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Medical Marijuana Conference Comes to Lehigh Valley
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CENTER VALLEY, Pa. (WLVT) - Bethlehem resident John McGuinness has high expectations for medical marijuana.

"Hope springs eternal, you might say," he said, "and I'm hoping that I get the answer to my sleep problem."

As he waited in line Wednesday night to register for a state medical marijuana card, McGuinness said his issues with sleep started five years ago. He said he's tried Ambien and sleeping pills, but they haven't worked.

"Drinking doesn't do it," he joked. "You wake up in the middle of the night. So, I'm looking for something else."

Dozens of people like McGuinness registered for medical marijuana cards at Penn State Lehigh Valley, the site of the region's first medical marijuana conference, organized by Keystone Canna Remedies.

"We want to make sure that, as the industry develops and as medical cannabis becomes more accepted, that there is good information out there for people who are curious to explore it as a medication," said Victor Guadagnino, the company's chief business development officer.

"We are intrigued by medical marijuana, because it offers an alternative to our members who are seeking other forms of pain management," said Nancy Petiet, office manager for the Cancer Support Community of the Greater Lehigh Valley.

"We are scratching the surface on the capacity this plant has for health and wellness," said Jason Mitchell, an Easton native who co-founded the nonprofit Soulful Cannabis, with the goal of helping caregivers and patients with marijuana.

"At the end of the day, I want home grown," Mitchell said. "I want everybody who needs access to the plant sick, healthy to have access to this plant. But I'm hoping that's where we go, and I think we're seeing that."

Medical marijuana advocates say the plant has gotten a bad rap over the years. They say there's real value in these products.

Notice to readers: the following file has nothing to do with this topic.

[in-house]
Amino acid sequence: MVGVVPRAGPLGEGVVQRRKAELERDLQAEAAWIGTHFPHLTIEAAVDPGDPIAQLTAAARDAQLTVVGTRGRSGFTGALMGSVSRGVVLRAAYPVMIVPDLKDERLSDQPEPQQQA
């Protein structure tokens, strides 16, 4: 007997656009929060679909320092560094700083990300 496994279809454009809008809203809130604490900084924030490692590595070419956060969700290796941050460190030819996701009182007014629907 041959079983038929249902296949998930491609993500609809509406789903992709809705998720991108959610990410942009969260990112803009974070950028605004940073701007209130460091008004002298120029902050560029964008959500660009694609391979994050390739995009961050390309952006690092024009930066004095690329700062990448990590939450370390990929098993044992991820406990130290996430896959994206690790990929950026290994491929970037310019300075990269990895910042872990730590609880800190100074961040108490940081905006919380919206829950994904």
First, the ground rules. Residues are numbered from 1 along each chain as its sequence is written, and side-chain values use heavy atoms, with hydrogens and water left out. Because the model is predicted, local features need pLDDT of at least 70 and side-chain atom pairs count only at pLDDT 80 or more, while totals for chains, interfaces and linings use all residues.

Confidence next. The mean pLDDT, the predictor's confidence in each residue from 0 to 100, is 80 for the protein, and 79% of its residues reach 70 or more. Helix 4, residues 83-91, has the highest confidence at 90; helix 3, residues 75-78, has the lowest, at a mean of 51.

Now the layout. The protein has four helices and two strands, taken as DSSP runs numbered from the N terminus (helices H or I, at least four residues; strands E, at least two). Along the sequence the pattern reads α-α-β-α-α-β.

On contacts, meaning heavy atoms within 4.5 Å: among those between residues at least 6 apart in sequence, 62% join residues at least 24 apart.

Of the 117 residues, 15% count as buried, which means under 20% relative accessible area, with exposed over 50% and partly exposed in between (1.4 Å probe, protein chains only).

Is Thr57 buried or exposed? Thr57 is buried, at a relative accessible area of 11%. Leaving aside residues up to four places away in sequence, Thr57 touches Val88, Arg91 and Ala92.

Keri Akawwi has two sons with Fragile X syndrome, which she said is the only genetic link to autism. Both sons are non-verbal and have occasional behavioral issues.

Akawwi, the community outreach coordinator for Hope Grows for Autism, said using a medical marijuana oil tincture has brought relief for the family and her children.

"They have increased in speech now. Their self injurious behaviors and decrease their aggression is decreased," she said. "They're just overall happier, balanced -- not as filled with anxiety."

About 200,000 Pennsylvanians are registered in the state’s medical marijuana program. Earlier this year, Lieutenant Governor John Fetterman visited each county on a listening tour about recreational marijuana.

"I would estimate support for recreational legalization is somewhere around 65 to 70 percent in Pennsylvania," he told PBS39 during his Bucks County stop. "We've learned that people, whether they’re opposed to it or support it, believe that the medical marijuana program is exceptional, and they're so grateful that it exists."

Those at the conference say it won't be long before Pennsylvania joins 11 other states where recreational marijuana is legal.

"I'm hoping to see a ballot initiative for adult use legalization, hopefully as soon as 2020," Mitchell said.

In the meantime, conference organizers say medical marijuana will continue to gain interest, which means more opportunities to educate the public.

"We're going to see if we can explore some more niche topics such as potential mental health therapies that we can use with cannabis, as well as going into more of the extraction and really delving into the plant of cannabinoids and terpenes," Guadagnino said.